To ensure the authenticity when applying our interactome for downstream studies, we first evaluated the quality through several means. We examined three previously published SARS-CoV-2–human protein–protein interactome networks2,4,5. All three of these interactomes were generated using AP–MS-based methods alone. Overall, we found that the host factors of these interactomes significantly overlap (Fisher’s exact test, false discovery rate (FDR) < 0.05) (Fig. 2a, Extended Data Fig. 1a and Supplementary Table 3), although each interactome still identified a large number of unique factors. This could be explained by differences in the cell line models used (Gordon et al.3 and Li et al.4 used HEK293T/17; Stukalov et al.5 used A549) as well as distinct computational and/or experimental methodologies implemented in their respective studies. Nonetheless, we found that our interactome had the highest overlap of interaction partners among published SARS-CoV-2–human protein–protein interactome networks (Fig. 2a, Extended Data Fig. 1a and Supplementary Table 3), suggesting that our interactome had a high level of coverage. We also found that Y2H confirmed many interactions and resulted in identifying slightly more overlapping host factors with previous studies (Fig. 2a), confirming the complementary nature of our Y2H assay, which was performed in a highly sensitive screen outside of human cells. Overall, AP–MS achieved significantly more overlapping viral–human protein–protein interactions across studies when known human pathways and complexes are taken into consideration (Extended Data Fig. 1b).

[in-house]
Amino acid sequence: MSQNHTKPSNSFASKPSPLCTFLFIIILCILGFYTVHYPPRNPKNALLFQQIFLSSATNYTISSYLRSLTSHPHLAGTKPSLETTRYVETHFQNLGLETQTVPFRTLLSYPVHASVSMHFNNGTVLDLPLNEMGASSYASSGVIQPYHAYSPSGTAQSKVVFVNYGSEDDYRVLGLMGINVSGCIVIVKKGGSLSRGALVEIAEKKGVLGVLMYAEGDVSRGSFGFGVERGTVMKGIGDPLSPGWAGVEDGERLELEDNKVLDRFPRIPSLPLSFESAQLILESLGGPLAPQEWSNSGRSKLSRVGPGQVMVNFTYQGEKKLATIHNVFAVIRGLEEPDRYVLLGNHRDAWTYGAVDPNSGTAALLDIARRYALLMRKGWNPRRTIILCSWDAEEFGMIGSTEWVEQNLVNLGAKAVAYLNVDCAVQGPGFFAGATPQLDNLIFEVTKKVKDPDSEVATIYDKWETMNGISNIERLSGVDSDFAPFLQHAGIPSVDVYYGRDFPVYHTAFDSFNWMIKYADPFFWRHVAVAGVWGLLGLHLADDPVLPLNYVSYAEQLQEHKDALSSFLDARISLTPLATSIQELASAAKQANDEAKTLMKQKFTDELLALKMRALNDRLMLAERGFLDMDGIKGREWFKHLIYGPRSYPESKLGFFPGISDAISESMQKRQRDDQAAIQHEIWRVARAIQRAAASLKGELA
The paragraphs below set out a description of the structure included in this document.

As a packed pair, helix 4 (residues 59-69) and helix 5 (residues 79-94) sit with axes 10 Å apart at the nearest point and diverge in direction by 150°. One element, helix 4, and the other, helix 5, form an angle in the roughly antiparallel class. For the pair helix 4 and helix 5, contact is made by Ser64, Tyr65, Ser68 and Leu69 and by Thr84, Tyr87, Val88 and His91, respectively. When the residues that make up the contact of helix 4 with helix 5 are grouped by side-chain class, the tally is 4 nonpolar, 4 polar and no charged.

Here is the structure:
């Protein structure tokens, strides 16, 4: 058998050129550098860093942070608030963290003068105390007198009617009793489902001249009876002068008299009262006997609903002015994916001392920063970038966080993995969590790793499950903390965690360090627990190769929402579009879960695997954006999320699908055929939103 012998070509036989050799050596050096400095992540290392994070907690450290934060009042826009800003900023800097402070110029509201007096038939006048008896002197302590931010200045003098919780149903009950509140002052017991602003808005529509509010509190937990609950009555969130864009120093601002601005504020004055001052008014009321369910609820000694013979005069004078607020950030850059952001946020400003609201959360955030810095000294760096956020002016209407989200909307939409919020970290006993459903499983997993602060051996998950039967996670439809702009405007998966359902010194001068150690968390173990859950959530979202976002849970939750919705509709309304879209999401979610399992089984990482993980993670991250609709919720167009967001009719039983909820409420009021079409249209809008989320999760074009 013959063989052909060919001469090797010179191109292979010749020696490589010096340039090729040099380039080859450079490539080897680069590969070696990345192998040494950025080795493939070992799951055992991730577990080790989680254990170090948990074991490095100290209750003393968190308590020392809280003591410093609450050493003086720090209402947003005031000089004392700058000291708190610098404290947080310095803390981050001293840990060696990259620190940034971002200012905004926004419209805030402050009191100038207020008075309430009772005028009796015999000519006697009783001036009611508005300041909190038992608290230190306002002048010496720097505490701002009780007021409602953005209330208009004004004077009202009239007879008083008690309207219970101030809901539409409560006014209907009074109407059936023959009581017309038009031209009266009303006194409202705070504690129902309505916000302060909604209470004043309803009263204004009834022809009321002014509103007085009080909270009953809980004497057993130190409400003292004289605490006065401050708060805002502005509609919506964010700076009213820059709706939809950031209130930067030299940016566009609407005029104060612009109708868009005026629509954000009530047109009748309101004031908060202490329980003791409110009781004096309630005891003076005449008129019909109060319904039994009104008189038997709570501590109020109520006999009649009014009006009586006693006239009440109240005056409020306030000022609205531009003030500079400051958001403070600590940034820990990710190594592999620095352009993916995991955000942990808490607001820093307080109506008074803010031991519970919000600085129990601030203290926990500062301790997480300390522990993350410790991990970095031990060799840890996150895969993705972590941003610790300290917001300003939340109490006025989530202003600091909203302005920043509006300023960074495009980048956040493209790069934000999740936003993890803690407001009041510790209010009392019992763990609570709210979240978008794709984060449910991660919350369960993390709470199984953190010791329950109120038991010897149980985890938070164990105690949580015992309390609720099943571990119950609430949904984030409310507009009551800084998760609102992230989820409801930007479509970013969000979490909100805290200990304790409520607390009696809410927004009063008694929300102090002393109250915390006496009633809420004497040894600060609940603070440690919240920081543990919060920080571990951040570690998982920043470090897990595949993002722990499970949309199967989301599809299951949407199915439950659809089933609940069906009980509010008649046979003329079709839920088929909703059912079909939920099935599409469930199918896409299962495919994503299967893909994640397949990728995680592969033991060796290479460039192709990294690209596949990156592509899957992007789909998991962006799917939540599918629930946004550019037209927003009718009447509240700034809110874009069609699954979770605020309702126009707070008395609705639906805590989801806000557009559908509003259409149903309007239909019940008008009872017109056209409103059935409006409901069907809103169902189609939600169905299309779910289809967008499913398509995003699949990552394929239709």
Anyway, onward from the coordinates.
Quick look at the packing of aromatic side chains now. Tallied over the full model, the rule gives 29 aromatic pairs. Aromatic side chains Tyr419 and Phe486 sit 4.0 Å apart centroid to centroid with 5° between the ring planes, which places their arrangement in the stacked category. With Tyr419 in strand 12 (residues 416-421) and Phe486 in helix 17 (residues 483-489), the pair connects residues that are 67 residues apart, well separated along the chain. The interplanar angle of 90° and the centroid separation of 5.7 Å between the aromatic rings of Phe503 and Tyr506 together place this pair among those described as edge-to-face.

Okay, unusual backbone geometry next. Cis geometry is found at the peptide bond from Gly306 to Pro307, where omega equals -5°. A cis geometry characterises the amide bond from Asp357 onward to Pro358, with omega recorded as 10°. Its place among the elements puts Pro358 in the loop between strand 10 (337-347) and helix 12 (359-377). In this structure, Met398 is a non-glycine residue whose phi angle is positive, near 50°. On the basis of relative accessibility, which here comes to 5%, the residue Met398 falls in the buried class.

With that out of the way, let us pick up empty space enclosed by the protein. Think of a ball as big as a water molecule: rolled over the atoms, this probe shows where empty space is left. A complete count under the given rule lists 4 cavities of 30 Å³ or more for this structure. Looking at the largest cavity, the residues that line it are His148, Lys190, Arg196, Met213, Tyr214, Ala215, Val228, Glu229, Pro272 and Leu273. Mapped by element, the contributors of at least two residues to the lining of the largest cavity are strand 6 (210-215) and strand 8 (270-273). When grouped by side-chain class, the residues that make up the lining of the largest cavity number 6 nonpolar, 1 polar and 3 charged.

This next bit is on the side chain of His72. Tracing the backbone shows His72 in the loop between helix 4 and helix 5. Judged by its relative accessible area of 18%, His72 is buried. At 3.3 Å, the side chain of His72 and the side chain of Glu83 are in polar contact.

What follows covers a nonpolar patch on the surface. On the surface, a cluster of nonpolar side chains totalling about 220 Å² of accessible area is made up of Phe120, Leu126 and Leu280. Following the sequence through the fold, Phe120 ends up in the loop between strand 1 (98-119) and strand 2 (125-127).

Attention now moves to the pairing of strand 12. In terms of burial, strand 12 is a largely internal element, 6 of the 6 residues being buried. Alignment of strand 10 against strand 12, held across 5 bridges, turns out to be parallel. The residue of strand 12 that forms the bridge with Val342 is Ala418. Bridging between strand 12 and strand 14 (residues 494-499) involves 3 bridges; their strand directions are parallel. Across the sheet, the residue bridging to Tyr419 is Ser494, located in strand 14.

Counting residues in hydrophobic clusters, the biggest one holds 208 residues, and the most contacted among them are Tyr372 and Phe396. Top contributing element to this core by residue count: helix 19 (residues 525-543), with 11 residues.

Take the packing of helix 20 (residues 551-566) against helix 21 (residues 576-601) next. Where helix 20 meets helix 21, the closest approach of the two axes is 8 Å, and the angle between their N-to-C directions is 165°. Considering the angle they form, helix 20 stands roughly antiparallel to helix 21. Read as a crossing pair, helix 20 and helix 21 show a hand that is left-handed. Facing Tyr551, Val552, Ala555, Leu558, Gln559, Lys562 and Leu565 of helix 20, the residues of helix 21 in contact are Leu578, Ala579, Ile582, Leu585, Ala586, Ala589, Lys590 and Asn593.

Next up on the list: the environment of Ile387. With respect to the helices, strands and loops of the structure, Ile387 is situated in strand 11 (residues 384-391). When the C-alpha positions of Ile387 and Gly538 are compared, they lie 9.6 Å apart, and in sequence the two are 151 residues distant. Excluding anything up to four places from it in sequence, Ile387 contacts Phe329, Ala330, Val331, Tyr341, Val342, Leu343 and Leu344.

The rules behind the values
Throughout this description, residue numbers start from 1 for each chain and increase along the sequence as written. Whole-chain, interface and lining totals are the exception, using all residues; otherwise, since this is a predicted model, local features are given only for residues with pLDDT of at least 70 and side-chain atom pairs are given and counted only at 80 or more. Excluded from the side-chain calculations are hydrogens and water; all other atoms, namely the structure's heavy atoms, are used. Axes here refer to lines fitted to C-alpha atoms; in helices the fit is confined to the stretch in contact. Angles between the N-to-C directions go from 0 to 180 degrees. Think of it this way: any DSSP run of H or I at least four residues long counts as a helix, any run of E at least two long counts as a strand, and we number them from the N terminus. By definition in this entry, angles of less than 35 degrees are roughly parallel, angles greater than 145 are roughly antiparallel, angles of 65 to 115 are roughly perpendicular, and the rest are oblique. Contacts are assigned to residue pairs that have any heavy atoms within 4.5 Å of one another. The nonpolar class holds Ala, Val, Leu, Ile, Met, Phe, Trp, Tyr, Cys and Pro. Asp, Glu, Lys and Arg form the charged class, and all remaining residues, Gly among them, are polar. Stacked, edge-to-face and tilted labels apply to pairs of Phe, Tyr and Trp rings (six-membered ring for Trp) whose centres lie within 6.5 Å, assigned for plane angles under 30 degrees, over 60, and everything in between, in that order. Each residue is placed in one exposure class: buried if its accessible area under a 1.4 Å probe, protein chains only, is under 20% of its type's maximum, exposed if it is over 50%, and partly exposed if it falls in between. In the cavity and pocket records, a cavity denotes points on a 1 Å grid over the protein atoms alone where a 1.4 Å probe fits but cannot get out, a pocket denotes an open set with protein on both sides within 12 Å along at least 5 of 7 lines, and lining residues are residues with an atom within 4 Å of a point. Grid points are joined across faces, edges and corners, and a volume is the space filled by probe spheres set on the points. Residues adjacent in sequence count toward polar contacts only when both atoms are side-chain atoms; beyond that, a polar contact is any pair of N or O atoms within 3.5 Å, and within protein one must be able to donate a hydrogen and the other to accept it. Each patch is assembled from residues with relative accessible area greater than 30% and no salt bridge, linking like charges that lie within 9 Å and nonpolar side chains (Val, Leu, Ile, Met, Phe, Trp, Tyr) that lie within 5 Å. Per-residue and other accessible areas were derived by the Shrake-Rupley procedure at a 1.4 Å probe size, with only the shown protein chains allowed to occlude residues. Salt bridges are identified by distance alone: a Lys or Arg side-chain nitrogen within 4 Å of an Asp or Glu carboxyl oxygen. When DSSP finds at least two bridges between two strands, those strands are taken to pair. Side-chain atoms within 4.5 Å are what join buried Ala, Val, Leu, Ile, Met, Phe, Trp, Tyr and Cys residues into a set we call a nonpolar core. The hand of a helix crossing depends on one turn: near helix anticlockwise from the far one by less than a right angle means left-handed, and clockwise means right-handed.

Fig. 2: Characteristics of the interactome and validation of novel SARS-CoV-2–human interactions.
figure 2

a, UpSet plot showing the overlap of SARS-CoV-2–human protein–protein interactions from four studies (Supplementary Table 3). Each bar shows the interactions shared by only the marked studies at the bottom. Composition of each bar in terms of the source of the interactions are indicated by different colors. b, Co-IP confirming ORF3a–ZNF579 interaction in HEK293T cells following transfection with ORF3a–FLAG or empty vector. The experiment was repeated independently three times with similar results. c, Western blot showing levels of ZNF579 along with GAPDH as a loading control in HEK293T cells following transfection with ORF3a–FLAG or empty vector. Experiment was repeated independently three times with similar results. d, ChIP–seq for ZNF579 in MCF7 cells from the ENCODE consortium at the HSPA6 locus. Signal is log2FC over input. e, Expression of HSPA6 after transfection with ORF3a–FLAG or empty vector (E.V.). Two transfection replicates were probed with two primer pairs to HSPA6 at three different template dilutions in technical triplicate (18 total reactions for each condition). Expression is normalized to GAPDH and then to the empty vector average using the ΔΔCt method. Box plots display the median as the center line, the 1st and 3rd quartiles as hinges and 1.5× interquartile range as whiskers. Significance was assessed using the two-tailed Mann Whitney U test. f,g Co-IP confirming ORF7b–STT3A and ORF7b–Sec61 interactions in HEK293T cells following transfection with ORF7b–FLAG or empty vector and STT3A–MYC or Sec61–V5, respectively. Each experiment was repeated independently three times with similar results. h, Co-IP confirming N-histone H1.4 interaction in HEK293T cells following transfection with N or empty vector and histone H1.4. Experiment was repeated independently three times with similar results.